WINNER: NATIONAL JEWISH BOOK AWARD/WRITING BASED ON ARCHIVAL MATERIAL (THE JDC-HERBERT KATZKI AWARD)
“Surely the most comprehensive and clear guide in English to the manifold ways by which the Nazi regime, its agents, and its allies plundered the European Jews.... An admirable overview [and] also a depressing case study in the crushing effects of bureaucratic ingenuity.”
— Peter Hayes, Northwestern University
These are the mechanisms by which the Nazis and their allies despoiled Europe’s Jews, revealing in their detail the close relationship between robbery and the Holocaust. The Anschluss and Kristallnacht in 1938 demonstrate the confluence of pressure from below and state-directed measures. In Western Europe economic persecution took the form of legal decrees and administrative measures. In Eastern Europe authoritarian regimes adopted the Nazi program that excluded Jews from the economy and seized their property. In the occupied East, property was collected at the killing sites – the most valuable objects were sent to Berlin, items of lesser value supported the local administration and rewarded collaborators. At several junctures robbery was the catalyst for genocide, accelerating the progression from pogrom to mass murder.
“Martin Dean’s book is the first and fully comprehensive study on the confiscation of Jewish property in the Holocaust and will set the standard for future research and analysis. In the complicated field of robbing and spoliation it connects important archival findings with a masterly knowledge of even remote research literature, cogently integrating the process of confiscation into the general history of the Holocaust.”
— Frank Bajohr, Research Center for Contemporary History in Hamburg, Germany
“Few, if any scholars in the English-speaking world, can equal Martin Dean’s record of intense study of the most appalling primary sources generated by the most thorough and most minutely recorded genocide in human history…. Dean looks at all the ways that the German state stole Jewish property and shows the importance of hitherto neglected ones.... The horrible stories of pauperization and humiliation of the Jews under the Nazis make almost unbearable reading precisely because they are so real, so ordinary, and so terrible.”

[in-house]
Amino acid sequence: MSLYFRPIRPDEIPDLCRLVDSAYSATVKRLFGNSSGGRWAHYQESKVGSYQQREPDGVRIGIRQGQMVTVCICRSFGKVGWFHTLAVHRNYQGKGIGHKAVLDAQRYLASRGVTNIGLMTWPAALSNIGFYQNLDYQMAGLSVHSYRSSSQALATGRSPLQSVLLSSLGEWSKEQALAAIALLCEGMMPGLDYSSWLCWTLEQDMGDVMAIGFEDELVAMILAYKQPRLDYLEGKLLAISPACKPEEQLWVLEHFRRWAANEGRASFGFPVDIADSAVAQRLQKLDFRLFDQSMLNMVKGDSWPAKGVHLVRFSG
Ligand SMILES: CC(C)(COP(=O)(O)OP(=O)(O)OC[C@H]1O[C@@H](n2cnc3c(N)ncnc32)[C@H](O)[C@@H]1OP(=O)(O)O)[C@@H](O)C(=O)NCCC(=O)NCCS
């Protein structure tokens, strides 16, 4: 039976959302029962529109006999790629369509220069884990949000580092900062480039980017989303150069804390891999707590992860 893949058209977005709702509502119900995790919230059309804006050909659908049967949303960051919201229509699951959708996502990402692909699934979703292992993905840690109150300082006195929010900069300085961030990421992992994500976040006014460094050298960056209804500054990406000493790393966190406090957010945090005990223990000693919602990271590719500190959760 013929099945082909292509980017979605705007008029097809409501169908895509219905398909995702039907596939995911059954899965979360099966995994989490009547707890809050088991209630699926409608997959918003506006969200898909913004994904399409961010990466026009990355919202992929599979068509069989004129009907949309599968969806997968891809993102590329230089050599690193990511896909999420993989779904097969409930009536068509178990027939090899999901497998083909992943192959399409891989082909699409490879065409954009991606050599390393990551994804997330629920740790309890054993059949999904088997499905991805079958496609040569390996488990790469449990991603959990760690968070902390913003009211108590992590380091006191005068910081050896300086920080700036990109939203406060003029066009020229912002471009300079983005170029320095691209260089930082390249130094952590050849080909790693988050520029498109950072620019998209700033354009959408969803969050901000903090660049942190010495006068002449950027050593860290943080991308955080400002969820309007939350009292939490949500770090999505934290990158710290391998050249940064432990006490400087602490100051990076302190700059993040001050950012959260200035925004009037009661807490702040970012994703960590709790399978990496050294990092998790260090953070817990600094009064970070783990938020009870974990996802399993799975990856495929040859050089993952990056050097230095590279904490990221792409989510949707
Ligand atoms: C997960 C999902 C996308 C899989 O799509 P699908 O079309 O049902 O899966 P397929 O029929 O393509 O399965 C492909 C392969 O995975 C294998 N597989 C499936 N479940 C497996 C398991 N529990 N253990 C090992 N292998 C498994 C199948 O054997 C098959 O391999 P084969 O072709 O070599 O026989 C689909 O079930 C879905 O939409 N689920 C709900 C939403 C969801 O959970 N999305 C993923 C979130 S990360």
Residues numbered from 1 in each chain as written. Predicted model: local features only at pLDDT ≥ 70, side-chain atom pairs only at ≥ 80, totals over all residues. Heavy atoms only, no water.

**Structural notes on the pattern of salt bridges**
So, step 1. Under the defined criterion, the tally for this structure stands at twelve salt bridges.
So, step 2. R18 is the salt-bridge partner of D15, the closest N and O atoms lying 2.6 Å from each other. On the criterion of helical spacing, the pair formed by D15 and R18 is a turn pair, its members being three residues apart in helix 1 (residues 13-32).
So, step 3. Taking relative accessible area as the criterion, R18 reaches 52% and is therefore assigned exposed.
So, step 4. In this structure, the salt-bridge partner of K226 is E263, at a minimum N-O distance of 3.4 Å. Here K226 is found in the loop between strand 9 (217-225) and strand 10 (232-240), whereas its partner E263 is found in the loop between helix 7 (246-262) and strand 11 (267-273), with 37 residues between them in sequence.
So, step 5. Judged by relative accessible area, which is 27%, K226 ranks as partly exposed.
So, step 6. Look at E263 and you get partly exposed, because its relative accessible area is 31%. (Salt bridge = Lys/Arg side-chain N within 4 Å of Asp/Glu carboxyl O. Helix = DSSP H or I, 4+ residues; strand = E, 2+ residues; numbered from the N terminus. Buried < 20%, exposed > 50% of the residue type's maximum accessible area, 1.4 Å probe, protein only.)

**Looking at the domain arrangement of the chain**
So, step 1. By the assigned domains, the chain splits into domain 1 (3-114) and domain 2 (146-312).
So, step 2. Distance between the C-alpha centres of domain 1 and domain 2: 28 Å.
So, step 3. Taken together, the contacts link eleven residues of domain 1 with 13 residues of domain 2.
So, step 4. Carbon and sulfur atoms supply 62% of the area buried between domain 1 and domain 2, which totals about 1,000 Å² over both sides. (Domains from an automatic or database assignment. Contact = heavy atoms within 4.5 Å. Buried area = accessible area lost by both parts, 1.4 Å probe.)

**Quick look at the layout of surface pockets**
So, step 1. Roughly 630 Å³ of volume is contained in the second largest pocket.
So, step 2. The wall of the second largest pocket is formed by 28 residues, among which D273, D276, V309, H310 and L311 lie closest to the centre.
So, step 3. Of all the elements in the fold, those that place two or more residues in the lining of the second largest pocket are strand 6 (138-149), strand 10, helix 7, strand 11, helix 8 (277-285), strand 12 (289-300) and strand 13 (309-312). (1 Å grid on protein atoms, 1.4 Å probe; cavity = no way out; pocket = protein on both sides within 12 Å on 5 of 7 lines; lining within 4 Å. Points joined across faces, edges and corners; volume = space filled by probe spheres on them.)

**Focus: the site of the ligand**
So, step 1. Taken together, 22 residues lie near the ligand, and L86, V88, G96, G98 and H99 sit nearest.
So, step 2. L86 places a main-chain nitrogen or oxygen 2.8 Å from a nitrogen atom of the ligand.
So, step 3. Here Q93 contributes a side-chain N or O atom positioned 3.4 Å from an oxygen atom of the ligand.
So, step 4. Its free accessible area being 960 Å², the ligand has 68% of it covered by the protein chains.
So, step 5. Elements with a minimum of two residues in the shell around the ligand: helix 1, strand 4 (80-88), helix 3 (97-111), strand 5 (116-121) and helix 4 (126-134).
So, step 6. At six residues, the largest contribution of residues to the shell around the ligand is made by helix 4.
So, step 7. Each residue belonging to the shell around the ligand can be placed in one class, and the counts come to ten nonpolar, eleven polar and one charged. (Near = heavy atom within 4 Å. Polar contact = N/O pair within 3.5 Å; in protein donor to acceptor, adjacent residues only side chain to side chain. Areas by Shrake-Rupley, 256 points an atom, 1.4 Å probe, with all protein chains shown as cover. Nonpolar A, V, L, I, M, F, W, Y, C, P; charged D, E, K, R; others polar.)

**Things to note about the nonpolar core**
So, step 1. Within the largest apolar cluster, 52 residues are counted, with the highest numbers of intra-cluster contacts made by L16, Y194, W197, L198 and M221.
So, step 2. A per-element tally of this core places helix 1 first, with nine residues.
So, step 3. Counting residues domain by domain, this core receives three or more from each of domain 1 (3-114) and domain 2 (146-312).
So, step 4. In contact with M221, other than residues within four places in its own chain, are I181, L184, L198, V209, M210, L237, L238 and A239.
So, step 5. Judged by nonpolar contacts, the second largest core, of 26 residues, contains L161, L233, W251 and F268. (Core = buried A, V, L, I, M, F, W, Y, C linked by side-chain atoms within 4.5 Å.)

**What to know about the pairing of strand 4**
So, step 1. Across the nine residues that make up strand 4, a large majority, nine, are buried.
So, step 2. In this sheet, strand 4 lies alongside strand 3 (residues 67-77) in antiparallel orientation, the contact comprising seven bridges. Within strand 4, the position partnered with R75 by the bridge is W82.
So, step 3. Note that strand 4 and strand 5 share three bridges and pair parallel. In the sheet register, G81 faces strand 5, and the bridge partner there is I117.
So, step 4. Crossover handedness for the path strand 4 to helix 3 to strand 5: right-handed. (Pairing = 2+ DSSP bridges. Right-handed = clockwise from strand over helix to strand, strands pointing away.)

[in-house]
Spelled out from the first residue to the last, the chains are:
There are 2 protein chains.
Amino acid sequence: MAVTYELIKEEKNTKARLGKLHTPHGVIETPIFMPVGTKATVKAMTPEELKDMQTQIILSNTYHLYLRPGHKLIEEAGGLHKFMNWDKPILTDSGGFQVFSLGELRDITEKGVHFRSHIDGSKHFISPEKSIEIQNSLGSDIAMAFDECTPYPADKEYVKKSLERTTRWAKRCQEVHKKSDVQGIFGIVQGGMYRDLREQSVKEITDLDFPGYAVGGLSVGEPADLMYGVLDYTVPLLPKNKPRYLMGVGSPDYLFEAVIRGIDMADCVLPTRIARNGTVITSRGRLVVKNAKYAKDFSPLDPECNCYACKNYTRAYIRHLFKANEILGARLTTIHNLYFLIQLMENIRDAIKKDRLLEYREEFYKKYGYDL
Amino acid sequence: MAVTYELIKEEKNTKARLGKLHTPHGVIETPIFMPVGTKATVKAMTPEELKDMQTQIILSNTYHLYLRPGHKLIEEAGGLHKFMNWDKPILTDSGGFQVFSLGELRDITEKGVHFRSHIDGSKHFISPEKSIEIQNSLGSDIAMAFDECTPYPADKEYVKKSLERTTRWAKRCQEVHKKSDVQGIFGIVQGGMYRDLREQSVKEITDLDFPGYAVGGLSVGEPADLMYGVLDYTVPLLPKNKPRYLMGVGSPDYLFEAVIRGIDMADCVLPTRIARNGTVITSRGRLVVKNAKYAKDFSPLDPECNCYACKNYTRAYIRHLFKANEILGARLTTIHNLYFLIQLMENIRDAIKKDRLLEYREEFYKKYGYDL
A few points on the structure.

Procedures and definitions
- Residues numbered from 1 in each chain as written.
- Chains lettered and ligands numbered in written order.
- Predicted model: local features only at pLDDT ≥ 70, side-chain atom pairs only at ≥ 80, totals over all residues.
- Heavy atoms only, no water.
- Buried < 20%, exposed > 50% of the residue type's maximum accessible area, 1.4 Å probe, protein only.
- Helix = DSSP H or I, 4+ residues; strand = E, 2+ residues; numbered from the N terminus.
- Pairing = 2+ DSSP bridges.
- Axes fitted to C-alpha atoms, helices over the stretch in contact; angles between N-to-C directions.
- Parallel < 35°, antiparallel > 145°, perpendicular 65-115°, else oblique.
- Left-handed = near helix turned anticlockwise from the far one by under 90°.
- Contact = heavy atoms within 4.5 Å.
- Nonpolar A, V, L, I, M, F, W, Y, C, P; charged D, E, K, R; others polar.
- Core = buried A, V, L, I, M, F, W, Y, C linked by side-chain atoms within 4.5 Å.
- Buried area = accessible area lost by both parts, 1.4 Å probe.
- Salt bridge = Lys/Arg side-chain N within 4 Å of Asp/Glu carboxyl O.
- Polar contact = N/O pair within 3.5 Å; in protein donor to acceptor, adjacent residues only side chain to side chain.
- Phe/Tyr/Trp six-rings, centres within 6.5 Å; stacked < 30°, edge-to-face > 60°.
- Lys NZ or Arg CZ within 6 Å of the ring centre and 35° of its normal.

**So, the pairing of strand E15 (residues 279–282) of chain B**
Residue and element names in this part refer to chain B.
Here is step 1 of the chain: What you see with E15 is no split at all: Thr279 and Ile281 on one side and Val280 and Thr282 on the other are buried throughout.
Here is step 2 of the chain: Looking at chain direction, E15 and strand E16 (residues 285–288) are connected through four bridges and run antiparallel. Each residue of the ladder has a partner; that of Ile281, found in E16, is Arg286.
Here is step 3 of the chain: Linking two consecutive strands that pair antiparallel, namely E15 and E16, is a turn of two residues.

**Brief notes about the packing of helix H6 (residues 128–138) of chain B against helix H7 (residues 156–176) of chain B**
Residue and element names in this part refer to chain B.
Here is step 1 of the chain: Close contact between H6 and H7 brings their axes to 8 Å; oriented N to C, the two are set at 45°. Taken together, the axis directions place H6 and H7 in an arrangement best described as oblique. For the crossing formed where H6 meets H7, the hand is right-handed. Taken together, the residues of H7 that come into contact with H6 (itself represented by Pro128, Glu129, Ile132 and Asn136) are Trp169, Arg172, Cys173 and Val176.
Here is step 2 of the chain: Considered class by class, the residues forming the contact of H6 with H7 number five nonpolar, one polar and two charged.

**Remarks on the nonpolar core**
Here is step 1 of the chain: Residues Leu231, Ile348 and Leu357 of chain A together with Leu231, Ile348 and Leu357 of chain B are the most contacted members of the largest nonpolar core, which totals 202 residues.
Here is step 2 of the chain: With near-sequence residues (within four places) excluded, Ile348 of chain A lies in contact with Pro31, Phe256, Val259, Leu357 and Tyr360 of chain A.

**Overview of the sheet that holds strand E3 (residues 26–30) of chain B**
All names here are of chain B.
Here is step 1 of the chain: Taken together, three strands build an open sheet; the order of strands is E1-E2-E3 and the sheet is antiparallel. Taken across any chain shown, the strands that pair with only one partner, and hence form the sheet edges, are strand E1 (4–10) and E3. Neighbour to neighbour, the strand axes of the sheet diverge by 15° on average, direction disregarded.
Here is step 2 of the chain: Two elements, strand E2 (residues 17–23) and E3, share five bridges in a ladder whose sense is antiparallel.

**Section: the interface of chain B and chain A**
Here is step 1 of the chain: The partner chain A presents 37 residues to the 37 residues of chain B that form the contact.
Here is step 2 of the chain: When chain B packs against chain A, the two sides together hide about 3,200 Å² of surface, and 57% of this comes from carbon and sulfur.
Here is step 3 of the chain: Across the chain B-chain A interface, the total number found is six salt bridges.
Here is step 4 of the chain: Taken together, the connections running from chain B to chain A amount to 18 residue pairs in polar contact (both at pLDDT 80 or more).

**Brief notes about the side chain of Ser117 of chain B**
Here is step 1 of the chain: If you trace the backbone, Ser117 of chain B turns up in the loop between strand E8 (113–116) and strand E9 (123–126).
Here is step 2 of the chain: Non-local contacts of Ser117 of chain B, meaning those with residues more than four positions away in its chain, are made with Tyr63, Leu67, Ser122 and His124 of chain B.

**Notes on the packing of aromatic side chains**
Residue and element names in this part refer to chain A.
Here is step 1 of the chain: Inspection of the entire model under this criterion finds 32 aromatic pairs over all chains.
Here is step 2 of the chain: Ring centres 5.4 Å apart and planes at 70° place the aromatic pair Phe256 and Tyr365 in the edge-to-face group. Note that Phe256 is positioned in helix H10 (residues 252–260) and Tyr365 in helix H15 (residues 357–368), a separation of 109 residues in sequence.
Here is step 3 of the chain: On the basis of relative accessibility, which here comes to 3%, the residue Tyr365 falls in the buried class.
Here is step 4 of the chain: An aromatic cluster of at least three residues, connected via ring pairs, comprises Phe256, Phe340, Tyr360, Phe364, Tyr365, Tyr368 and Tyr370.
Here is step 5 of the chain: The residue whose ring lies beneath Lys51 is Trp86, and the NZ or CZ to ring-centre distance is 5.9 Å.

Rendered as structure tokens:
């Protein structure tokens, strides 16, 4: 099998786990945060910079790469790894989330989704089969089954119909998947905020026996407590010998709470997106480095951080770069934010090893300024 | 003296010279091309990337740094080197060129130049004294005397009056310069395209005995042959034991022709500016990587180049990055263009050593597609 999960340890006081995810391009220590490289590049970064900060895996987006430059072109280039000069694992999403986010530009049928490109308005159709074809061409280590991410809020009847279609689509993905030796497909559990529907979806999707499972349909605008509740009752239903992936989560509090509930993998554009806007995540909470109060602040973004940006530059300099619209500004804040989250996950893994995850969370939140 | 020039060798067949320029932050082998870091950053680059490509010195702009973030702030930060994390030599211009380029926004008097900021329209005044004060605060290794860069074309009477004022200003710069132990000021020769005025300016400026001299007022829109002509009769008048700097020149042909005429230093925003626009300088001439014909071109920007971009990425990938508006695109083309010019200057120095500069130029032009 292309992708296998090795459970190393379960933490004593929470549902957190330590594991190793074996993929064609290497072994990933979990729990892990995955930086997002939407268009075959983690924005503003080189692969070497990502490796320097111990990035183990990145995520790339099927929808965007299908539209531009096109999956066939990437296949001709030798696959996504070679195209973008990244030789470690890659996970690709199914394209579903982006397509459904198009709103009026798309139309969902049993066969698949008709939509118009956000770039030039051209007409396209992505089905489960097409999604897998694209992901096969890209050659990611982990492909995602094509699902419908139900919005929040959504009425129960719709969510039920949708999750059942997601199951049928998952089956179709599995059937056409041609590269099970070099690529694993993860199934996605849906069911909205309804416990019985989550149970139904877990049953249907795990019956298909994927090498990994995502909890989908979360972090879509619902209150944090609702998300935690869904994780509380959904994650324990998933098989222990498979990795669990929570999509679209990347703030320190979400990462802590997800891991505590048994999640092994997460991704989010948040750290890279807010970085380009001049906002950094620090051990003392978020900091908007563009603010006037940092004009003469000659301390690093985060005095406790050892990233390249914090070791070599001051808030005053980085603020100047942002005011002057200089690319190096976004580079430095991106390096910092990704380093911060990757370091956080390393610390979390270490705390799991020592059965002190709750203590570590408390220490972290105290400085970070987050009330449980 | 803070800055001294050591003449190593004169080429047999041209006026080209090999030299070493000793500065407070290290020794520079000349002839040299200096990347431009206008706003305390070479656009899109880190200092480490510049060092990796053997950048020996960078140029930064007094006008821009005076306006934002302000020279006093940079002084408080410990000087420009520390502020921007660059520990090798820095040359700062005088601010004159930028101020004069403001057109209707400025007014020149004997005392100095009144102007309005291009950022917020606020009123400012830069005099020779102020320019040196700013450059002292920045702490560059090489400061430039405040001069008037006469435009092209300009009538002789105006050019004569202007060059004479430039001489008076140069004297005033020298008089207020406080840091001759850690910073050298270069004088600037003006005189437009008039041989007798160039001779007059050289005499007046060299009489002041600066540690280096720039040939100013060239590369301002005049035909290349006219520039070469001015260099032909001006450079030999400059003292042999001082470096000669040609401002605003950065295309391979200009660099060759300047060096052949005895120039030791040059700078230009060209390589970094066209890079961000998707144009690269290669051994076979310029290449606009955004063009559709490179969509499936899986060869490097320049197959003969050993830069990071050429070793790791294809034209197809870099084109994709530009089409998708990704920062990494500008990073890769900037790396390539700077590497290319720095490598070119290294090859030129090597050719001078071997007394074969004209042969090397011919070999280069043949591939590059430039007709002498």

— Jonathan Steinberg, University of Pennsylvania
Martin Dean is an Applied Research Scholar at the United States Holocaust Memorial Museum’s Center for Advanced Holocaust Studies. The recipient of a Pearl Resnick Postdoctoral Fellowship from the same institution in 1997, he also has held a DAAD grant. Martin Dean earned his PhD at Cambridge University, and subsequently served as Senior Historian for the Metropolitan Police War Crimes Unit in London, served as Staff Historian for the Australian Special Investigations Unit, and has acted as an expert witness in Nazi war crimes cases in Australia and Germany. Among his previous publications are Collaboration in the Holocaust: Crimes of the Local Police in Belorussia and Ukraine, 1941-1944, and as co-editor, Robbery and Restitution: The Conflict over Jewish Property in Europe (both published in association with the United States Holocaust Memorial Museum), as well as many articles.